"It's all in your head."
"It's just your thinking that's the problem."
Anyone who has suffered from mental illness has likely heard some variation of these phrases, coming from strangers to even the closest of friends and family. These phrases hurt deeply, because it is a sentiment that relies on a fundamental misunderstanding of the nature of mental illness (and indeed, the nature of the mind itself).
More than merely mental
Yes, mental illnesses are primarily defined as extreme distress or disorder in the functions of emotions, reasoning, or behavior rather than a physical defect on an organ one can see.
However, what this sentiment fundamentally fails to understand, is that the sheer disruptions caused by mental illnesses such as schizophrenia or ADHD cannot be controlled by sheer force of will alone.
It would be considered cruel in today’s society to demand a wheelchair-bound person to walk, as if their current means of movement were merely a stylistic affectation, rather than a necessary support for a very real disability.
Yet, people in our society don’t think twice about doing exactly the same thing to our mentally-ill neighbours. People suffering from depression and trauma are told to “get over it” and “cheer up”, as if these pithy words will magically break the cycle of self-destructive thoughts in the sufferer’s mind.
Illness is a fine line
In fact, I’d make the case that the line between mental and physical illness is not as clear cut as many people would seem to believe.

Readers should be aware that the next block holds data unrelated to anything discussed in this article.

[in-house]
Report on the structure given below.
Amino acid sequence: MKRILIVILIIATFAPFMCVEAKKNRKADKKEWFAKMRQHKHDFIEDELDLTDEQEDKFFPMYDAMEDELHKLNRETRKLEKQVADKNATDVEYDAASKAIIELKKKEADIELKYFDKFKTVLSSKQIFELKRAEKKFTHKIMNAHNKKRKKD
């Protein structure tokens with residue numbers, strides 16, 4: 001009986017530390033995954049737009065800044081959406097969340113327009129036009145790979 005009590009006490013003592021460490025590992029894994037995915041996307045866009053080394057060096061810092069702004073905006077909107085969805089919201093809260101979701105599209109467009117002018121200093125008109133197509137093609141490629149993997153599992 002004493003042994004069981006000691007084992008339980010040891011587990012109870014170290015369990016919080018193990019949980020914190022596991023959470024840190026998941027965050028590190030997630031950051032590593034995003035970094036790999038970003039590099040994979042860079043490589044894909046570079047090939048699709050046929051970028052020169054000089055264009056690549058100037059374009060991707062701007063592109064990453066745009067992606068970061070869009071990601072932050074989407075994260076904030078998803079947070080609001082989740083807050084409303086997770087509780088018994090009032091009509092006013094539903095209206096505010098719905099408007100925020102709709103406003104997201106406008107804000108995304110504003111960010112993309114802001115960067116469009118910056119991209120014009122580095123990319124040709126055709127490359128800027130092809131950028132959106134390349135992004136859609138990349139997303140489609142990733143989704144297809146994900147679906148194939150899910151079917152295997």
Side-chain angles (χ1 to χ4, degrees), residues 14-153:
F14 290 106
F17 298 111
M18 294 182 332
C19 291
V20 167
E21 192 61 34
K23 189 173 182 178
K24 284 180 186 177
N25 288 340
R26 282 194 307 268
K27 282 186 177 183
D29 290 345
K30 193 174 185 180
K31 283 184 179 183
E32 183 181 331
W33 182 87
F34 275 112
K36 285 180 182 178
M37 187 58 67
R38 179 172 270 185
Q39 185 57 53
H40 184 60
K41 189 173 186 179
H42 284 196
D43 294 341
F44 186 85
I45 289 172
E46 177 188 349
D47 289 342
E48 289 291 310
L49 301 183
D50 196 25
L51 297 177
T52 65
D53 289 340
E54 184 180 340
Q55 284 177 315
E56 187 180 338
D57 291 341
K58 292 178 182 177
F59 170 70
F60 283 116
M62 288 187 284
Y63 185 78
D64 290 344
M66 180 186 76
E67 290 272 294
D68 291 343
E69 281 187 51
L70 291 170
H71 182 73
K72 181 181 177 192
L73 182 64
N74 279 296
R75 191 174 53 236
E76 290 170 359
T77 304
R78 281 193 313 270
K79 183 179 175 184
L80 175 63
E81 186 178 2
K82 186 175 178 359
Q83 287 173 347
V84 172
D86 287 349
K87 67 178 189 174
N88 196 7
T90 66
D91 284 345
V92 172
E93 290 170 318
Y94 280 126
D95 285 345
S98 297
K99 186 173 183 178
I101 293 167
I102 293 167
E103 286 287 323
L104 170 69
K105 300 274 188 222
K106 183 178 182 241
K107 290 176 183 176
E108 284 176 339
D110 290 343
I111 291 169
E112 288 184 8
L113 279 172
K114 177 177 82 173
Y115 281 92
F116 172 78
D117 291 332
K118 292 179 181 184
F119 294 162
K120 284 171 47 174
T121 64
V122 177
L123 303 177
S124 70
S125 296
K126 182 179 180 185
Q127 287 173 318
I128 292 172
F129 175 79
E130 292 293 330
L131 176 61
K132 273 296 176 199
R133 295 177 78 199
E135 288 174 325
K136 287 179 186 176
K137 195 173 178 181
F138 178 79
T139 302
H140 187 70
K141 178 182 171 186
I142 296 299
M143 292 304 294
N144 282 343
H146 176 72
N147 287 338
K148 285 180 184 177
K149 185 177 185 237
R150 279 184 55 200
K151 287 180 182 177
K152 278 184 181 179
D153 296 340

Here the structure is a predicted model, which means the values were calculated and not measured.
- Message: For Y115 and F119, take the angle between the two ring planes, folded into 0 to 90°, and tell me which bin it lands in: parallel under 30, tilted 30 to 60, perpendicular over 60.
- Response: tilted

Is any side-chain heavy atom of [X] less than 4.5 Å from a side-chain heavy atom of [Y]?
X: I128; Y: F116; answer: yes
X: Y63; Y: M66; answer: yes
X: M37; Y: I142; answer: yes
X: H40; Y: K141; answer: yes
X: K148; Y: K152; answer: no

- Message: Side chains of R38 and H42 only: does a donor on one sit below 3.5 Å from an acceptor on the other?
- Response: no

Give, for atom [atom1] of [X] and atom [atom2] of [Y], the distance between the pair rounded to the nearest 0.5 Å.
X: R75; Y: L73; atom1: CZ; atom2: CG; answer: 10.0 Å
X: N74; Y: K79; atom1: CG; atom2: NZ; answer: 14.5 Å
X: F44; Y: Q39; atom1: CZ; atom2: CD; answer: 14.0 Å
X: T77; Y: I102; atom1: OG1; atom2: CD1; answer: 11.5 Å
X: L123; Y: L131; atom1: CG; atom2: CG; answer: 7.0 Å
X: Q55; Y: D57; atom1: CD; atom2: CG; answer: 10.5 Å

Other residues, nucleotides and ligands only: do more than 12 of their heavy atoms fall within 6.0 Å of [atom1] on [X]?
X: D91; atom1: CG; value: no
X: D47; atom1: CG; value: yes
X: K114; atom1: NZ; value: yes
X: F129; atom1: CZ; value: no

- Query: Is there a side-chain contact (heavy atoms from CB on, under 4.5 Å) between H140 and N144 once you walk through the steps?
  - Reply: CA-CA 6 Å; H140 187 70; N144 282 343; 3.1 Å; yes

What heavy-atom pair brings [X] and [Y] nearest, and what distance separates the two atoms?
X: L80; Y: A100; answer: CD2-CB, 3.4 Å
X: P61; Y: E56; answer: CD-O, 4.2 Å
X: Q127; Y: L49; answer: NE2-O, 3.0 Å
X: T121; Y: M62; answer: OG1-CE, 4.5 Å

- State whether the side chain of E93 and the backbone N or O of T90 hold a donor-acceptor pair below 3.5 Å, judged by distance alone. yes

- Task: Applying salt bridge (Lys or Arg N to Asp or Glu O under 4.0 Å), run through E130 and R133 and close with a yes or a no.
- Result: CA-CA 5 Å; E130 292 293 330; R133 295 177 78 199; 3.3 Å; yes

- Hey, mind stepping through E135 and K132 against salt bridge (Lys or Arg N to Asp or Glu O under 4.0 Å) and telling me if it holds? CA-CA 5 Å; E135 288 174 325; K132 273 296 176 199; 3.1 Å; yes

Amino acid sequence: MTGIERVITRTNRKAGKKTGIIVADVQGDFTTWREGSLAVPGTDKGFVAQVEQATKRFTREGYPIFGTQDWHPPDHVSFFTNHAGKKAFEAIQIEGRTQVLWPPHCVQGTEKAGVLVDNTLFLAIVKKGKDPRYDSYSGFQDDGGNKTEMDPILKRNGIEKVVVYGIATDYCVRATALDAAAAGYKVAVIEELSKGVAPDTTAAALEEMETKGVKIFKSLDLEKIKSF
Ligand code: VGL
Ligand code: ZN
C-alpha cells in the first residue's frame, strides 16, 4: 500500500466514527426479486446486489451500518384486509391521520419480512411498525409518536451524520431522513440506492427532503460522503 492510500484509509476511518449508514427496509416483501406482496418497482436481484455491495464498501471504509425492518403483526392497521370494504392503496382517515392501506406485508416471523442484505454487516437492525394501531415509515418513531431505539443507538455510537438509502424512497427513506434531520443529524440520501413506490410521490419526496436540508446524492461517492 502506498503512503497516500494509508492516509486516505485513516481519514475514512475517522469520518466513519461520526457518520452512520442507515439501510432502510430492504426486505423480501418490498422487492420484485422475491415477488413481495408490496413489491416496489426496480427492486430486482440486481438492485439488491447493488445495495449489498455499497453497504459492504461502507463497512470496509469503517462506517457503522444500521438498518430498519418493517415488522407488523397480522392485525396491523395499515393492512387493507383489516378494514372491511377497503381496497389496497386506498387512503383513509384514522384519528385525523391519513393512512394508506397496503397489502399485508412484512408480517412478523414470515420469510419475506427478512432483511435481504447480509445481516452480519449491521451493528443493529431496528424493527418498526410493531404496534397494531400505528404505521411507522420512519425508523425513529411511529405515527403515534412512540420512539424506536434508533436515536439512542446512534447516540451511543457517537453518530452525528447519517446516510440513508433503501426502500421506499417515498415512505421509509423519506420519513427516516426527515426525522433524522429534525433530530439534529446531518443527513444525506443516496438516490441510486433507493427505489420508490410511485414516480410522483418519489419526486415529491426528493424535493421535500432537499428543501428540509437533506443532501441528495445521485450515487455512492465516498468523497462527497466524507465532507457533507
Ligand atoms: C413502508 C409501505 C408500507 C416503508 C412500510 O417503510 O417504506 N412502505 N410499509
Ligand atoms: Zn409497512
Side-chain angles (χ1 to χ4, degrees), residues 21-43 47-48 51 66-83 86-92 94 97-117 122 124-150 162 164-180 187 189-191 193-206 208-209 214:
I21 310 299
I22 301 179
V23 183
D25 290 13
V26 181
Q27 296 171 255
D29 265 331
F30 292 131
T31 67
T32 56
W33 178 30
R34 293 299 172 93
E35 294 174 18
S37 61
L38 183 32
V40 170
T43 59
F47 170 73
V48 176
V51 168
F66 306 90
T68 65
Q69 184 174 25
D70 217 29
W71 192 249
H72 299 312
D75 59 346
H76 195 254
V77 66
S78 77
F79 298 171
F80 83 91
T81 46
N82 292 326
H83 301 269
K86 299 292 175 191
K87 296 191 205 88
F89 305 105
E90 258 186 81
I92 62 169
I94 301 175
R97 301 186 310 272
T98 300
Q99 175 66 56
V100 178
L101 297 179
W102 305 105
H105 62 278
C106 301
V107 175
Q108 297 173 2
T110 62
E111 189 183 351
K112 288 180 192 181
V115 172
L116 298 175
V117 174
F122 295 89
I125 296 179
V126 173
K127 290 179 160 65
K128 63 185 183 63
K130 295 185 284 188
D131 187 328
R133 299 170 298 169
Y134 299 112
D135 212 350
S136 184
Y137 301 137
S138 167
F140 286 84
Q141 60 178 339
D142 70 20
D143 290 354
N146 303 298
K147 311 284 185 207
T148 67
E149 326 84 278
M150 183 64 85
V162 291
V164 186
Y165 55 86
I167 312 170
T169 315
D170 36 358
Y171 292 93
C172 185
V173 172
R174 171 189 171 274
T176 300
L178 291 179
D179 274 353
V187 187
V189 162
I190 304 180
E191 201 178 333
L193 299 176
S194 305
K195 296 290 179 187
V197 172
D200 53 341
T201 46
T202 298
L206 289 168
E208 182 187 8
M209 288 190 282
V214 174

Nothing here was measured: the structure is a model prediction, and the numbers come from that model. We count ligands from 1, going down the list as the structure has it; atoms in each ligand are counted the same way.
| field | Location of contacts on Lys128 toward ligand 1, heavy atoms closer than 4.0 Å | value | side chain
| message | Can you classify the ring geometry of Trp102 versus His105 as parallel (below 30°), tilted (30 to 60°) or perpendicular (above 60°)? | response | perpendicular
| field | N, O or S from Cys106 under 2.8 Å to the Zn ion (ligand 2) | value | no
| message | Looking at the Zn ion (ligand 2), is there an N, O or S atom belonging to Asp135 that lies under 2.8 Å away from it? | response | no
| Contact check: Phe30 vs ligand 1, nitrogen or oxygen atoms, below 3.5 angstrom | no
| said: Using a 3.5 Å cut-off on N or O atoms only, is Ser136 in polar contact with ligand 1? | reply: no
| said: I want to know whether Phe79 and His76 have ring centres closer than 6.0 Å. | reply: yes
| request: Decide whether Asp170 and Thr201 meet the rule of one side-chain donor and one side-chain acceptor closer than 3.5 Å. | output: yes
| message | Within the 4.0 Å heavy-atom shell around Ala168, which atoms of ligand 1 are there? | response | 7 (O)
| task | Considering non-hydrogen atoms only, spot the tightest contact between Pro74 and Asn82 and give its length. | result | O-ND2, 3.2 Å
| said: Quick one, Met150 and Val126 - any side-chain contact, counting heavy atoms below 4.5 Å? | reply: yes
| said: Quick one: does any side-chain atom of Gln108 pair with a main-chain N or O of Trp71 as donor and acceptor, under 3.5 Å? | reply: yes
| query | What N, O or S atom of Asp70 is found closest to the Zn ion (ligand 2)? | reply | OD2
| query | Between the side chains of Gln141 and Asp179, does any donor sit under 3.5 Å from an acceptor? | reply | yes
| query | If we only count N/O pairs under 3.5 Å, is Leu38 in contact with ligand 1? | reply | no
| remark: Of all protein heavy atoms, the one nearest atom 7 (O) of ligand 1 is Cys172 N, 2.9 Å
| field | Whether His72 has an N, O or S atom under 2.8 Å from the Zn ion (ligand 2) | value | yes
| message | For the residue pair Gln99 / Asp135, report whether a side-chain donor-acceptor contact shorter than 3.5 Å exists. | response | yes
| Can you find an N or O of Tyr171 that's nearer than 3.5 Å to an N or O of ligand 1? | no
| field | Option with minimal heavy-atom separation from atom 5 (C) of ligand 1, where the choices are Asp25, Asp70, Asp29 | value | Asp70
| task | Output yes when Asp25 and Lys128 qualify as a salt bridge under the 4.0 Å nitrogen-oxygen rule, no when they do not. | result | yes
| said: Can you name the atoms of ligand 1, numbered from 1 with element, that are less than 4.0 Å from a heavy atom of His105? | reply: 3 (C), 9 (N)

For example, significant amounts of stress are a major pre-condition to strokes and heart attacks. In addition, studies have shown (with the help of brain scans of mental illness patients), that the brains of those who have mental illness are actually physically different when compared to the brains of mentally-healthy people.
Scans of people’s brains afflicted with bipolar disorder, addiction, OCD or anxiety had a notable lack of brain matter in some sections of the brain (specifically, those related to impulse control) compared to healthy adult brains.
Likewise, researchers have found evidence that conditions such as anorexia and schizophrenia could be partly caused by improper or mistimed signals sent by the brain.
Brain = Mind
In a way, this makes sense. After all, the brain is the seat of our mind and consciousness. The connections between our neurons are the physical forms of our memories and learned skills. Reasoning and emotion also happen primarily within our brains.
Describing emotions as coming from the heart or disembodied spirit is an artefact of an era that had a limited understanding of biology.
However, many people and cultures find it hard to think this way, to truly feel it in their bones. It’s still the cultural norm to think of the mind and emotions as completely non-physical entities, utterly disconnected from our bodies.
While this, in itself, isn’t so much of a problem, the real problem comes when people presume a level of godlike control over the mind that we don’t even have with our own bodies (just try spending an entire day without going to a restroom!).
Mental illness is physical
Universal conditions like fatigue and illness show us that the body is not 100% under our control. There are limits to our body that, once carelessly surpassed, will cause the body to break down.
It’s time that we all expand that understanding to the mind as well since the mind is definitely not separate from the body.
The mind is a part of the body, and so mental illnesses are also physical illnesses, and should be (in my opinion) taken as seriously as any virus or grievous injury.
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